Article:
STEP 3: HELPING YOUR CHILD MAKE THE MOST OF THE INTERNATIONAL EXPEREINCE
Staying in Touch: Creating Your Family's Communications Plan
Many of today's students (and parents) are used to the wonderful convenience of 24/7, instant communications available through cell phones, e-mail, instant messaging, etc. (And now there is VoIP that lets you make calls through your computer, sometimes for free.) While these forms of instant communication are invaluable, especially in emergency situations, allowing us to stay in touch with our children, they can have an unfortunate effect on students' ability to become fully immersed in a foreign culture.
It's important to talk with your child about how, and how often, you will communicate with each other while he is abroad so that you will not worry, and he will not be overly focused on matters at home. Most study abroad advisers encourage students to touch base with their parents as soon as possible after they have arrived in their new location, to assure them that they have safely arrived and are settled in. After that it's best to maintain regular but not overly frequent communication with them, and to find ways to use your communications to support and encourage their immersion into the culture rather than distracting them from it. It's not a bad idea to have a prearranged system for getting in touch with each other in the case of a national or international emergency or communications breakdown: for example. Designated relatives or close family friends to call in the U.S. and if possible, in the part of the world where she is staying in the event you have trouble contacting each other.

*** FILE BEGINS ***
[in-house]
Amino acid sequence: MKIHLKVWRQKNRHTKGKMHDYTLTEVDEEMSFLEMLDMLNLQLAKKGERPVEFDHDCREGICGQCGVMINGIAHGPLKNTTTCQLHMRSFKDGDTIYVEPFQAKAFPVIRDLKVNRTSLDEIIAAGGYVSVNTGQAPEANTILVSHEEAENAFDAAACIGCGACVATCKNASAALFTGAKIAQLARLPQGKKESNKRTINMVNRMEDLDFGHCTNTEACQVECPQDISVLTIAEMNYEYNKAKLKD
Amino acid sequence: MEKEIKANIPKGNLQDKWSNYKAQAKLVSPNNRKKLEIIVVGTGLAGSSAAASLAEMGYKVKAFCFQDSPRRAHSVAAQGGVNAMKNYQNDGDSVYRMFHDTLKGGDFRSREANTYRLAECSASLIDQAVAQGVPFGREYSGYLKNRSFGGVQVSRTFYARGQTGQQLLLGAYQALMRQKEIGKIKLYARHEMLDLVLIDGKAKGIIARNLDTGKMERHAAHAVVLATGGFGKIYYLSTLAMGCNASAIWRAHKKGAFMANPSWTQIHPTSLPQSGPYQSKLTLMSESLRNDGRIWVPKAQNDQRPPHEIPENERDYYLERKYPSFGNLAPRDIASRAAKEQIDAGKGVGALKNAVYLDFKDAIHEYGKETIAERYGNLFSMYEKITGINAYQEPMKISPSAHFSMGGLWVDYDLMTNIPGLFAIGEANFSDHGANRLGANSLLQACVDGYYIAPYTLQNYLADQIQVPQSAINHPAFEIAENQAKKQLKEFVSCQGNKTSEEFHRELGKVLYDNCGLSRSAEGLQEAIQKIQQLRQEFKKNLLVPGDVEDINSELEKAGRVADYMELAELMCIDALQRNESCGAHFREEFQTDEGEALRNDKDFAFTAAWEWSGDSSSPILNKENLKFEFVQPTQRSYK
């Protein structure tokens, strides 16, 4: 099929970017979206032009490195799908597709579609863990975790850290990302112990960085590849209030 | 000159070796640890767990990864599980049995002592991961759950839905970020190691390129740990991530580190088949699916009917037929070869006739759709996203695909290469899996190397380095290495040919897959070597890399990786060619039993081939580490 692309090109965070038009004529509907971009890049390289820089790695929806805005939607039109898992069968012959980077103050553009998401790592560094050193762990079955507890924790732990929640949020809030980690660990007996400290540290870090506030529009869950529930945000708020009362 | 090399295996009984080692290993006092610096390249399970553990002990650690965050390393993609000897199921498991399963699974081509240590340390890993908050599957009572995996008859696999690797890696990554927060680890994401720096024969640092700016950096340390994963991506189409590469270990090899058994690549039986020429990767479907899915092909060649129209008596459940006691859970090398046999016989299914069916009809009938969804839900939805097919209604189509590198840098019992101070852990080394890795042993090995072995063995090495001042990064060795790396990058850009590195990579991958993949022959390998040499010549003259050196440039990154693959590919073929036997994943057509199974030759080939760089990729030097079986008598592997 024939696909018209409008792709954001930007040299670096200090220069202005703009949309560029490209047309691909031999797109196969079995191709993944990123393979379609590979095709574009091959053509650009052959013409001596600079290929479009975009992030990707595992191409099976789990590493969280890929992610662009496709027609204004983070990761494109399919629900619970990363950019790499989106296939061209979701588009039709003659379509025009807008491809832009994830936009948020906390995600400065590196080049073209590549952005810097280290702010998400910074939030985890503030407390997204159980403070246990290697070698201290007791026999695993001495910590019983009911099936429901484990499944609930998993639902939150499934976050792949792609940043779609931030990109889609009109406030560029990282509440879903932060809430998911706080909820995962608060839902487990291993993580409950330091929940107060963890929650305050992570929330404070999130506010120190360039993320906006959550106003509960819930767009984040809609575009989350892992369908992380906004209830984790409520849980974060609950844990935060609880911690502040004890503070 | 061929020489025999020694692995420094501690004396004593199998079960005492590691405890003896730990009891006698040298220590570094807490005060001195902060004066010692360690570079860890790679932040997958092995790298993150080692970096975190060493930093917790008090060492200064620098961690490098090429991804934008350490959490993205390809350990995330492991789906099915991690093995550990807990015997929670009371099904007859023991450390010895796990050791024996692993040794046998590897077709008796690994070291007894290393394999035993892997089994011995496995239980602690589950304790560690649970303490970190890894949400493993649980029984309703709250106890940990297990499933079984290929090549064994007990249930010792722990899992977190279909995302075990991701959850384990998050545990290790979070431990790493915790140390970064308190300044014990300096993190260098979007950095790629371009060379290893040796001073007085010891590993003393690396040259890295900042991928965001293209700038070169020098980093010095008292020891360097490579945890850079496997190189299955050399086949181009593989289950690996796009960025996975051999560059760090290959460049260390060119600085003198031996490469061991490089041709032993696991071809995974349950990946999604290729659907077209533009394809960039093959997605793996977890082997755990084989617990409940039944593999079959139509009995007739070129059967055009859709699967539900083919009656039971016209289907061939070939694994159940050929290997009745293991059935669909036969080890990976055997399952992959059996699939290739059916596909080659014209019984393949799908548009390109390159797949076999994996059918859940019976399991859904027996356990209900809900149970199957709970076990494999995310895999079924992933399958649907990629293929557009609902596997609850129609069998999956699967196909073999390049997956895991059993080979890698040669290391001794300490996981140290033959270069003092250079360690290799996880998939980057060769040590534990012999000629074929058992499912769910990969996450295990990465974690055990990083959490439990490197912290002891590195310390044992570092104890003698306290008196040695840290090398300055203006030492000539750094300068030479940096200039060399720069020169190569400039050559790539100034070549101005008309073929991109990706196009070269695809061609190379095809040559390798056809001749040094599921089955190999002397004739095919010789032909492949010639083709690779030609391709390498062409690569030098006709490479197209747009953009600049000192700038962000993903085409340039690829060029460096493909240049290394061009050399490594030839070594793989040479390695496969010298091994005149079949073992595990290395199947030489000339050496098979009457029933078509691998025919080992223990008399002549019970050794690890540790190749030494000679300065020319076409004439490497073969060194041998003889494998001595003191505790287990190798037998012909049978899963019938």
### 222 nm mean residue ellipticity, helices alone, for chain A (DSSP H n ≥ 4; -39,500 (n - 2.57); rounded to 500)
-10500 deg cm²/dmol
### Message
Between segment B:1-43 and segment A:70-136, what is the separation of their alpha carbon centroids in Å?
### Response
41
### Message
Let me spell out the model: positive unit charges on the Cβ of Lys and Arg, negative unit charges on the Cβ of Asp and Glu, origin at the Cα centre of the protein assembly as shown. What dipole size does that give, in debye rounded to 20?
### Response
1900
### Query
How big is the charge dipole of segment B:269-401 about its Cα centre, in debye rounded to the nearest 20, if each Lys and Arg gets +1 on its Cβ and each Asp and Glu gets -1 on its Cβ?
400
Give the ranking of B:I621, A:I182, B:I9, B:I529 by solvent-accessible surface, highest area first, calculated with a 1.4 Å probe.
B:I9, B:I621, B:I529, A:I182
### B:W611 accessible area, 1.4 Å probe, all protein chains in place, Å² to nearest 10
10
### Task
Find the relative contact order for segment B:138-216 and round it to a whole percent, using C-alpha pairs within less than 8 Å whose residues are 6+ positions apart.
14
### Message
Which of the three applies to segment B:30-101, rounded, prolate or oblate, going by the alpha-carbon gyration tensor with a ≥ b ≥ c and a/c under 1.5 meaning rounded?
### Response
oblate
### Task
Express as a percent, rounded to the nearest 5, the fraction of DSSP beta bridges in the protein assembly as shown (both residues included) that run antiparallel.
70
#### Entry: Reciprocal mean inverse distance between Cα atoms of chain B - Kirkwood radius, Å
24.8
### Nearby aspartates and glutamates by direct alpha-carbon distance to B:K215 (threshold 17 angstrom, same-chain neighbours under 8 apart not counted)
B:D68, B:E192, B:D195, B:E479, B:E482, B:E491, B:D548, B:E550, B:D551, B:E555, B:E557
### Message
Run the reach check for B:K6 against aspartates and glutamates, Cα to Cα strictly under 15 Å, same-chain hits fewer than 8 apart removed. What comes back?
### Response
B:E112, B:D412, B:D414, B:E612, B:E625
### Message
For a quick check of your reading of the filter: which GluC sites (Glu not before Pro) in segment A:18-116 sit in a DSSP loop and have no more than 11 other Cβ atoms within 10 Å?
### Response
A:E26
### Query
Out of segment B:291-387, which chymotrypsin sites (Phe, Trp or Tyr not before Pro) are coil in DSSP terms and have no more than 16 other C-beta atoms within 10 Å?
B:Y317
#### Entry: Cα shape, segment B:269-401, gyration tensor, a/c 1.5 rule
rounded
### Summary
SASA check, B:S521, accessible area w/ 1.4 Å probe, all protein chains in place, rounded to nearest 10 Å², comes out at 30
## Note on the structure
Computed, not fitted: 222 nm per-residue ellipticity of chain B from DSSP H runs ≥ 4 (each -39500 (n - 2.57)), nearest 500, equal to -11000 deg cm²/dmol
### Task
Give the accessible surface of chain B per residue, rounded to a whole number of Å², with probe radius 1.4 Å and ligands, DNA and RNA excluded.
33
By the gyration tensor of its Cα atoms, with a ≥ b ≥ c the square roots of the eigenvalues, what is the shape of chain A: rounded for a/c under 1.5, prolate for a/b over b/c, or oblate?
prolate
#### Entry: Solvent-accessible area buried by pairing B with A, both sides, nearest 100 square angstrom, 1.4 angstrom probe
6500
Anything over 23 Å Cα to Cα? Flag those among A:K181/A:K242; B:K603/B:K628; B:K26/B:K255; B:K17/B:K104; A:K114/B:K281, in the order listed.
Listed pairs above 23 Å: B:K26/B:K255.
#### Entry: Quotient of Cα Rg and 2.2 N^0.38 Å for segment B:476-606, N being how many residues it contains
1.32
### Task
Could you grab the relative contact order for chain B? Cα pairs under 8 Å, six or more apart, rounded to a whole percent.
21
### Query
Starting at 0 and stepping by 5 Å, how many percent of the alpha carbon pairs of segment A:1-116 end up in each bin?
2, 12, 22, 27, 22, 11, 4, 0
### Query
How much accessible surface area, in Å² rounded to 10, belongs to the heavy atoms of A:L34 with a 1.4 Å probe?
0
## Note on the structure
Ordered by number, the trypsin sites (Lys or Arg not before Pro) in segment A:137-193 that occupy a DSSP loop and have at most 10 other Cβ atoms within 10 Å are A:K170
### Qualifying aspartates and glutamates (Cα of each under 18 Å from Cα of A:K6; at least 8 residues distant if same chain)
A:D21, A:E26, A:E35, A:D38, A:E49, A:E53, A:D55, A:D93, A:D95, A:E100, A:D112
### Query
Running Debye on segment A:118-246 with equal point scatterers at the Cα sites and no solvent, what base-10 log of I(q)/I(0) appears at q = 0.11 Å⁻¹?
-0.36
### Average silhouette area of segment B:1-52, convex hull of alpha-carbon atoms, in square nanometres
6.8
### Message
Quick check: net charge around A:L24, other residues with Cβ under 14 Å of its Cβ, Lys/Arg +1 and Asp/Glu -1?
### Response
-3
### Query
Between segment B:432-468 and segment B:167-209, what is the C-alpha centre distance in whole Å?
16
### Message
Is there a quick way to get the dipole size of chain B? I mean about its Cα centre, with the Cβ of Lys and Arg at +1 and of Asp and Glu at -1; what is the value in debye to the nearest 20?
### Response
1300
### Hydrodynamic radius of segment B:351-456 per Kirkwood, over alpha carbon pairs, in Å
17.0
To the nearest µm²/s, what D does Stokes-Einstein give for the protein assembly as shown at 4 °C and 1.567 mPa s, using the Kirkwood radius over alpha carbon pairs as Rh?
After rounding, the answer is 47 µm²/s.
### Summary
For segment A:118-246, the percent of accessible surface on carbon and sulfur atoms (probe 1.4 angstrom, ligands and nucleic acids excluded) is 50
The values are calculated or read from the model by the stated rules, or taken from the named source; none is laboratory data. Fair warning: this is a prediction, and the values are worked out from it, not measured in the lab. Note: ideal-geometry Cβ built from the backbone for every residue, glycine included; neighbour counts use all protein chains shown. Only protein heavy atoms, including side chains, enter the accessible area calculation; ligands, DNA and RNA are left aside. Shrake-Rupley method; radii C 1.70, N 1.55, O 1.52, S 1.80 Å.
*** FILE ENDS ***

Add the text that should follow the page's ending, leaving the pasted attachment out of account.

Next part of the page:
The cost of telephone communications is usually less expensive when calling from the U.S than from abroad. Check with your long-distance telephone provider to see if they have an international plan: you may want to have it activated during the period your child is abroad. (Ask if there are higher rates for making calls to a cell phone.) In most places, international calling cards purchased abroad offer the best value and greatest convenience for students calling home. Cell phones are a mixed blessing: some programs offer them to all student participants. In other programs, they are strongly discouraged and/or may be prohibitively expensive to use. In any case, overuse of cell phone communication with family and friends at home is one major way of undermining the intercultural experience your child is seeking to gain in studying abroad.
If your child is busy and fully engaged in the study abroad experience, he will have less time to spend e-mailing or calling you and his friends back home. (It may also be a fairly costly expense to be online while abroad, or the Internet may not be easily accessible.) This is a positive thing, and should be viewed as such by you. Encourage your child to communicate with you when she can, and to tell you about all the new sights she is seeing and things she is learning. This will help her make the most of her experience abroad.